4 things I hope my daughter never forgets

I wear a lot of hats and answer to a lot of titles, but few are worn more proudly and answered to more quickly than dad.  Being a dad is heart-wrenching and heart-warming.  It provides craziness and clarity.  Loving my kids and trying to faithfully raise them reveals my weaknesses and also the strength that comes from God in those weaknesses.  It is the toughest job and the highest calling, and while there are many brilliant dads out there with degrees in counseling and psychology, I’m not one of them.  I’m just a regular guy trying to raise 2 sons and a daughter while still getting his dirty clothes off the floor.

This week, my daughter has been sick.  At times, while she’s been on the couch or in the bed sleeping, I’ve watched her and thought about how quickly she’s growing up.  I’ve thought about our Valentine’s Day date, our tea parties and our bedtime dances.  I’ve also thought about things that I want her to know deep down in her soul.   This isn’t meant to be an exhaustive list, but here are 4 things that I pray my daughter never forgets:

1. The beauty that captivates me can’t be captured.

We live in a culture that is camera crazy.  We shoot videos, take selfies and even take group selfies called “ussies.”  We’re so camera crazy that we’ve invented the term “ussie” which is beyond stupid and should never be uttered out loud.  We duck face, fish lip, and try almost anything to get noticed by a lens somehow in hopes of making it big somewhere.  We hold up models on the cover of magazines as models of who we should be.  We dress like them, talk like them, walk like them, and at times, throw up our food after we’ve eaten like them.  We’re obsessed with outward appearance, and you don’t need to be.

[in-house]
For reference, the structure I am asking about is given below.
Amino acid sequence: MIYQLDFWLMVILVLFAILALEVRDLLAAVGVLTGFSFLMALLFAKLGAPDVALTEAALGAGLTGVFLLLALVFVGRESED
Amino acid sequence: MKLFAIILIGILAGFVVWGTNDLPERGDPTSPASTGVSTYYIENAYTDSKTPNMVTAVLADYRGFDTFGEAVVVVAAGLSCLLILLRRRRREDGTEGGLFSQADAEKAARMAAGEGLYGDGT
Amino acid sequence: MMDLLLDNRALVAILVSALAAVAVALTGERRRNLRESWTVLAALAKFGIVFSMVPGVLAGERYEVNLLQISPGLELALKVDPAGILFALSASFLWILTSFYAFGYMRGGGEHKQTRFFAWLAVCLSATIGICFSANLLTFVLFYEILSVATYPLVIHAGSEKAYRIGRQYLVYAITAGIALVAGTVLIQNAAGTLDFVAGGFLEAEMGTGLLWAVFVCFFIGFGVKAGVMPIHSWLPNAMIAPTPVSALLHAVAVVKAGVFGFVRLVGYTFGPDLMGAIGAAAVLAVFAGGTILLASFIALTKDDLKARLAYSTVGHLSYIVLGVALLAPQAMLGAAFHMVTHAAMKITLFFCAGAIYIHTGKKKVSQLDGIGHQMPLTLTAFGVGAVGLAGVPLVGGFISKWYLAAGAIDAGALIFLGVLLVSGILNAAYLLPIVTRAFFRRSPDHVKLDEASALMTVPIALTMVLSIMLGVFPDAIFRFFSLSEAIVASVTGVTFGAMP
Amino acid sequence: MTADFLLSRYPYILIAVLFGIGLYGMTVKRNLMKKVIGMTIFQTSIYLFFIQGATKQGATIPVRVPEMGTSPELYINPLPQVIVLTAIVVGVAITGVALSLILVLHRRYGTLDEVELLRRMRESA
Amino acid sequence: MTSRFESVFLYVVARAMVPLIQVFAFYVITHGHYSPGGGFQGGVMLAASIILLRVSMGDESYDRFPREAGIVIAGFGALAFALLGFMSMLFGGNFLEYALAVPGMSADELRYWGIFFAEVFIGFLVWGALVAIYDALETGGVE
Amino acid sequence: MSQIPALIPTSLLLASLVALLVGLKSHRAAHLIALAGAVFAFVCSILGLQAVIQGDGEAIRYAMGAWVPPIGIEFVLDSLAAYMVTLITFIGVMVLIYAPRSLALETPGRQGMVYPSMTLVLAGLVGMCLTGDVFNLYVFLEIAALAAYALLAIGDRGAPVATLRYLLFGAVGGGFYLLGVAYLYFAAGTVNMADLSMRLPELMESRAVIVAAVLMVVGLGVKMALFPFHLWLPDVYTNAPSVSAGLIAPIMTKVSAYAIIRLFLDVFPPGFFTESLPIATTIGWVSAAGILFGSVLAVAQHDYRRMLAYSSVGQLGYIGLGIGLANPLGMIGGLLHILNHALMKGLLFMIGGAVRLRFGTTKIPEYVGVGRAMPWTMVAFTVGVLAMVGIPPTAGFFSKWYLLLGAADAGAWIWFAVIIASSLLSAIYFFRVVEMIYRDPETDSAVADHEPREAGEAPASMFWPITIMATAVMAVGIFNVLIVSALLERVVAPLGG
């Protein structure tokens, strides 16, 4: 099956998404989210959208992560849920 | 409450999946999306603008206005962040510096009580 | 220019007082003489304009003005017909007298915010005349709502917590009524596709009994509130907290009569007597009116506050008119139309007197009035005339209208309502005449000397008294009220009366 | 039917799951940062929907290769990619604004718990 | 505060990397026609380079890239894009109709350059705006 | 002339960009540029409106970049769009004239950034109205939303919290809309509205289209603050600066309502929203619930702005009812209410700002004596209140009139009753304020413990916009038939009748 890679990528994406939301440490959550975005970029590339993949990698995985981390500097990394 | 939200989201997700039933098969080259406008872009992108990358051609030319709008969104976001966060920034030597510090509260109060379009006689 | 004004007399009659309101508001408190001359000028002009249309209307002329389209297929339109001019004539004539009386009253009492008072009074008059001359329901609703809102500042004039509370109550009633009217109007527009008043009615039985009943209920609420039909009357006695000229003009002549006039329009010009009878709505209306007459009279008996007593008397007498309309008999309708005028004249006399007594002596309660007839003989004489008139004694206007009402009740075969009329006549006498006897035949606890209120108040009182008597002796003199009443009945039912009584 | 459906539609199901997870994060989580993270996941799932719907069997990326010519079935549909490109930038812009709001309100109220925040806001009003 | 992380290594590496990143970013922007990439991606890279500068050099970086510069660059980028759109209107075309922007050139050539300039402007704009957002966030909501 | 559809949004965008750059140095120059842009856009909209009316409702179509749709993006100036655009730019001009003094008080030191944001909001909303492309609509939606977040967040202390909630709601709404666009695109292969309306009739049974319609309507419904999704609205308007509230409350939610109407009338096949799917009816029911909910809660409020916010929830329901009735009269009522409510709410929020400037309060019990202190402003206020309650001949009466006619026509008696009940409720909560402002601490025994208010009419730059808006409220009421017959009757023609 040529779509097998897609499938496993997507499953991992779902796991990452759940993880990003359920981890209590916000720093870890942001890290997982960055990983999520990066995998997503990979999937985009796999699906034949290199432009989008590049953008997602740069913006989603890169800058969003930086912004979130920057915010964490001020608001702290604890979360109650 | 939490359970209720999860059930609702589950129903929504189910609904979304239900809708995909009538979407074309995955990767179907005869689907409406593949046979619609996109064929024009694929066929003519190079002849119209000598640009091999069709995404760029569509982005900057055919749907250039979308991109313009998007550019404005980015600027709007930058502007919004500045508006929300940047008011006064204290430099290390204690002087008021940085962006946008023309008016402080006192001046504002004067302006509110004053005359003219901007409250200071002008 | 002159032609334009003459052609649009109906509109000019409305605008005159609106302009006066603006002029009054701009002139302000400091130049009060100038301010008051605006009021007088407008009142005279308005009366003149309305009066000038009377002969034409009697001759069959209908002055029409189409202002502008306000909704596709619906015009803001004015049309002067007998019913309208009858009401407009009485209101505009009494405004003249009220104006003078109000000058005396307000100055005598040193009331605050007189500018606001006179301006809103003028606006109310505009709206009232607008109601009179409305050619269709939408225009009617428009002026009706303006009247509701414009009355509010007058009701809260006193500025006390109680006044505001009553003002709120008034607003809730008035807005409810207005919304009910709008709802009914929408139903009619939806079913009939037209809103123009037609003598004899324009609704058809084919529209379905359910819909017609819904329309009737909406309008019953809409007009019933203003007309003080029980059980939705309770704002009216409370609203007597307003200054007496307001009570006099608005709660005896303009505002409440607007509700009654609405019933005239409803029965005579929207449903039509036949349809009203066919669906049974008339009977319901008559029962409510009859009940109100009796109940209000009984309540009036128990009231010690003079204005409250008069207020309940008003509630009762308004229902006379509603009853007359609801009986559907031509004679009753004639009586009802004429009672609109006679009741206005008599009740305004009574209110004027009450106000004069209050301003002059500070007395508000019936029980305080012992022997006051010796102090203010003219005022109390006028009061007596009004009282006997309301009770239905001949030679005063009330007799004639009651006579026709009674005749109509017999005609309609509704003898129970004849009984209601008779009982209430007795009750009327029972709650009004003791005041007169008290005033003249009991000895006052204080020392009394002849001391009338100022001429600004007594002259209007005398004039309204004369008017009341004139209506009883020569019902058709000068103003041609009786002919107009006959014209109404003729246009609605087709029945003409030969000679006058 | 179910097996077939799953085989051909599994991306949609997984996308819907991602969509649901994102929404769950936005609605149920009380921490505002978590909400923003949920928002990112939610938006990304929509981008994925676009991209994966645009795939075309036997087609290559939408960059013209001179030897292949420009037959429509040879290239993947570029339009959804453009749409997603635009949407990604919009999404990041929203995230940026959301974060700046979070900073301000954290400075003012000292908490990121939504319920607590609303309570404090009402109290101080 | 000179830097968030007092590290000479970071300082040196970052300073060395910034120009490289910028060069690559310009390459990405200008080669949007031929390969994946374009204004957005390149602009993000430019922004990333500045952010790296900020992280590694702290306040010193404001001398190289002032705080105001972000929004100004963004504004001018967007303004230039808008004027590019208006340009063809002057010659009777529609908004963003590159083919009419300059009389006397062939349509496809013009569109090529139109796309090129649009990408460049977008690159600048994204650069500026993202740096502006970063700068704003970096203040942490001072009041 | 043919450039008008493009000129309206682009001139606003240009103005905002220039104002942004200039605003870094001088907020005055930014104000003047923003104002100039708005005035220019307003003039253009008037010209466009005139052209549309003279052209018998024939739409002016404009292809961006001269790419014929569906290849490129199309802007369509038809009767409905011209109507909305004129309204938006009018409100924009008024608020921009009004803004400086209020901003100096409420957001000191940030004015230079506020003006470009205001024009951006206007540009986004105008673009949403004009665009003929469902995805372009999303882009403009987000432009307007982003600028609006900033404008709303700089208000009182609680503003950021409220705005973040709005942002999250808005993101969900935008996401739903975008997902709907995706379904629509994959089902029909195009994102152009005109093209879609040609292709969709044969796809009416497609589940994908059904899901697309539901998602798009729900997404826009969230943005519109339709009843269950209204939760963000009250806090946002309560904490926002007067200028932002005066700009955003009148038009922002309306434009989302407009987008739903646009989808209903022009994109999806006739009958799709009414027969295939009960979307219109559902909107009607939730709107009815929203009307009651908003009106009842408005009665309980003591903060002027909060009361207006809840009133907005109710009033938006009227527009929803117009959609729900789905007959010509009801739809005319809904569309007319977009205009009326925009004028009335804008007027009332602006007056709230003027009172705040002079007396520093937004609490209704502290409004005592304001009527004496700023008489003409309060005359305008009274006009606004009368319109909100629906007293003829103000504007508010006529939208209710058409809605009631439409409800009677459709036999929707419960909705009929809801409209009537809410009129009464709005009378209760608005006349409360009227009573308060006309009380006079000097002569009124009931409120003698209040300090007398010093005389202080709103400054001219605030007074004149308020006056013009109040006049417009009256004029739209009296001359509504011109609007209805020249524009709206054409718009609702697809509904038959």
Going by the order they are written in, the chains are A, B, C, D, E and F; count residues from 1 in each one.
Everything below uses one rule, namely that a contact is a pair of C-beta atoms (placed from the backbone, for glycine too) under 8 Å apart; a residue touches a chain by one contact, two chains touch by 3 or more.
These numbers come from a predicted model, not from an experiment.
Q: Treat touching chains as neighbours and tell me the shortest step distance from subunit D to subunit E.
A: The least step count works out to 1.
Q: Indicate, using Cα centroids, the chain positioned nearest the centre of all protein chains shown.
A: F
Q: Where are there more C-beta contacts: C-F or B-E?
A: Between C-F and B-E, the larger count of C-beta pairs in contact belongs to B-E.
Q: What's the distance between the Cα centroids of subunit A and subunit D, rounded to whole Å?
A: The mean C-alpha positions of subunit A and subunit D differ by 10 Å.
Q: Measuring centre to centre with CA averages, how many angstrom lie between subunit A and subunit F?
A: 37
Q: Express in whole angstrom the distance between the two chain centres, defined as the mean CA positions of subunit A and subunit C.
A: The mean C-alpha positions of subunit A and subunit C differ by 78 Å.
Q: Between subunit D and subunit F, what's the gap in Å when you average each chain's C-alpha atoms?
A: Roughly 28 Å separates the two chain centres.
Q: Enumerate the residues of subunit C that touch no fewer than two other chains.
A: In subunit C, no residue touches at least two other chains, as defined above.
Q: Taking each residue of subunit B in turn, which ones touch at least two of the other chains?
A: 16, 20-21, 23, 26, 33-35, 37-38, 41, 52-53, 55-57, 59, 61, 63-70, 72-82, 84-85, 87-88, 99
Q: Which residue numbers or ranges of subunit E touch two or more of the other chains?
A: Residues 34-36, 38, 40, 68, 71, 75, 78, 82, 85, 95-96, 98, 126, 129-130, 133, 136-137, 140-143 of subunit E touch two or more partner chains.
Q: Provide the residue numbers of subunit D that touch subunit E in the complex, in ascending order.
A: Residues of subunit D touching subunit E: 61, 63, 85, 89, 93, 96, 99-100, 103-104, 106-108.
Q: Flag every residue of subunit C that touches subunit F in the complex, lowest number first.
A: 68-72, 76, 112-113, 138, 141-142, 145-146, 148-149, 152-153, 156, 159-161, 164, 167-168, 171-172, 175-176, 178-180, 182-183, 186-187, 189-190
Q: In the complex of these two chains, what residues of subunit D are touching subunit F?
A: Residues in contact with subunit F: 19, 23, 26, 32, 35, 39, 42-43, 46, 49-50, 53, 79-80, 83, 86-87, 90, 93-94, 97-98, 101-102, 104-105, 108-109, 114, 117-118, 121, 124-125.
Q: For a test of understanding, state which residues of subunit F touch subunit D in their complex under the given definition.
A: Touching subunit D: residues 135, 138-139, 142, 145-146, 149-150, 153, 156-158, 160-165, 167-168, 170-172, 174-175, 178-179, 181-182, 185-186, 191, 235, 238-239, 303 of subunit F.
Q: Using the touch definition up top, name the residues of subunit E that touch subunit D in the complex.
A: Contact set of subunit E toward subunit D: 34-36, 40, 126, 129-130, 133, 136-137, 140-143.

Your beauty should not come from outward adornment, such as braided hair and the wearing of gold jewelry and fine clothes. Instead, it should be that of your inner self, the unfading beauty of a gentle and quiet spirit, which is of great worth in God’s sight. (1 Peter 3:3-4)